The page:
The Journal notes that this represents "the second recent big interchange victory for merchants. The Dodd-Frank financial overhaul law that was adopted two year ago included a measure that cut in half the interchange fees on debit cards." And the AP writes that the National Retail Federation estimates that "swipe fees costs for stores total about $30 billion per year."

NACS stated its opposition this way:

“Not only does the proposed settlement fail to introduce competition and transparency into a clearly broken market, it actually provides Visa and MasterCard with the tools to continue to shield swipe fees from market forces,” said NACS Chairman Tom Robinson, president of Santa Clara, Calif.-based Robinson Oil Corp. “This proposed settlement allows the card companies to continue to dictate the prices banks charge and the rules that constrain the market including for emerging payment methods, particularly mobile payments. Consumers and merchants ultimately will pay more as a result of this agreement — without any relief in sight.”

“Even the monetary agreement in this proposal is a mirage,” said Robinson. “Merchants won’t get these funds for years and will have paid more than that through increased swipe fees long before they see those funds.”

“NACS does not accept this proposed settlement and we reserve the right to fight it if other class representatives do accept it,” said NACS President and CEO Henry Armour. “There is plenty of time for merchants to make thoughtful decisions related to this proposed settlement. We hope and expect that, as they have the time to review it, many other merchants including class representatives will decide to reject this proposal."

Peter Larkin, president/CEO of the National Grocers Association (NGA) issued the following statement:

"NGA has been engaged in this litigation as a plaintiff for over seven years.  We took this action on behalf of independent retail grocers to seek fundamental restructuring and reform of anti-competitive credit card interchange fees and payment rules.  While we have knowledge of the framework of the settlement, we have not seen the final language or had a chance to assess its impact on our members.  With the announced filing of the settlement agreement, NGA staff and our Executive Committee and Board of Directors will now begin a thorough review process of the settlement agreement to determine whether or not the association will be in support."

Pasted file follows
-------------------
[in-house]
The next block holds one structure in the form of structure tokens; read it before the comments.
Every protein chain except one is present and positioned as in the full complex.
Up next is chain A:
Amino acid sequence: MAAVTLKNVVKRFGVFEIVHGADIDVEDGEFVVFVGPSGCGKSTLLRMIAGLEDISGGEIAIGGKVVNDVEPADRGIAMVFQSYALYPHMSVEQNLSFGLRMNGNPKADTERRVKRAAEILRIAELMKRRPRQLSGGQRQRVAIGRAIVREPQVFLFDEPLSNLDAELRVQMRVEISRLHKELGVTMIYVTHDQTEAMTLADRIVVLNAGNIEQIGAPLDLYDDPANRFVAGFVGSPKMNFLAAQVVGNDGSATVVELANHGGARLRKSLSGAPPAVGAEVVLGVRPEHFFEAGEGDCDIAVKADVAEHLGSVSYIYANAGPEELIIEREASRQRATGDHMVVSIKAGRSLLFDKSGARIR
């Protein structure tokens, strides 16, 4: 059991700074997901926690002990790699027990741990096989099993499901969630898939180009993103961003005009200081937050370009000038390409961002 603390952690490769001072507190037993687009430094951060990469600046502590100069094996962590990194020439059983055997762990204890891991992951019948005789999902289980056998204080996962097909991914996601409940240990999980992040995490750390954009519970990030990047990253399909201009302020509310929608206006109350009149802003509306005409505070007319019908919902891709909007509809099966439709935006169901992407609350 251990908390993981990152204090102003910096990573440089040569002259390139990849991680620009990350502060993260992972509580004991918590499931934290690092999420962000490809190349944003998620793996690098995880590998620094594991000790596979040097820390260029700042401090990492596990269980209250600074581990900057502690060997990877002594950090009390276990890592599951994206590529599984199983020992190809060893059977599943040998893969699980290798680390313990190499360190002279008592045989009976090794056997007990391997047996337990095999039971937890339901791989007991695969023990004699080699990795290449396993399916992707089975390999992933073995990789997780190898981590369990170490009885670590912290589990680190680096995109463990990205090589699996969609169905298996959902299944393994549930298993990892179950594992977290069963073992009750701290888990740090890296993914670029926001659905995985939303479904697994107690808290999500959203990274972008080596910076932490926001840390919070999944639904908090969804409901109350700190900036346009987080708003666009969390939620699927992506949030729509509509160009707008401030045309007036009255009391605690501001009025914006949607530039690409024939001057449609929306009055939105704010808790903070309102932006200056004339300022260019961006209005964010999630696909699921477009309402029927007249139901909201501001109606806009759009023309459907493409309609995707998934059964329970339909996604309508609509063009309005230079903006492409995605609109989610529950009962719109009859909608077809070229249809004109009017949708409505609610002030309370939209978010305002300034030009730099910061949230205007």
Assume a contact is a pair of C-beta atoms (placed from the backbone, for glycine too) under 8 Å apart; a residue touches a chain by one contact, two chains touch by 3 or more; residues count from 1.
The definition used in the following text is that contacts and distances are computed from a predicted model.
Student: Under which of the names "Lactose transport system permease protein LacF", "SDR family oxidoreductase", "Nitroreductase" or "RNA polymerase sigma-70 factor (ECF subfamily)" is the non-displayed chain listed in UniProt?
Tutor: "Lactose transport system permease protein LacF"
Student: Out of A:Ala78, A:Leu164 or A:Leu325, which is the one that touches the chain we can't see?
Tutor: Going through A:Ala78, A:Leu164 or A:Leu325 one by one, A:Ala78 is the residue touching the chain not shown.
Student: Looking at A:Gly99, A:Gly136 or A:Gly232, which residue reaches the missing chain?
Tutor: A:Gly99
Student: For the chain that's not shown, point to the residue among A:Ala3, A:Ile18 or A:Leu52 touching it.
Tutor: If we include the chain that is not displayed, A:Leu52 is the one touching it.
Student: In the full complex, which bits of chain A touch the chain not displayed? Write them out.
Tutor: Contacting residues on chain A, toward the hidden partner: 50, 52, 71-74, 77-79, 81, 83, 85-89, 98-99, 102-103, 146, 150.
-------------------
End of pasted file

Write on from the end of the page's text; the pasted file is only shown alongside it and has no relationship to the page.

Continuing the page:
The National Community Pharmacists Association (NCPA) released the following statement:

"NCPA joined this lawsuit to achieve long-term reform of the credit card interchange fee system. The current system is inherently unfair to community pharmacy small business owners and saddles all consumers with higher costs. NCPA’s board and legal counsel are actively evaluating this complex and multifaceted proposed settlement to determine whether it is in the best interest of the independent community pharmacy owners we represent. No decision will be made with respect to the acceptability of this proposed settlement until a closer analysis of the final language has been completed.”
KC's View:
I find the NACS argument to be pretty persuasive - that the credit card companies are playing a long game, believing that this settlement will give them legal cover for the foreseeable future.

It will be very interesting to see how this plays out, and if there will be enough retail resistance to the settlement to derail it.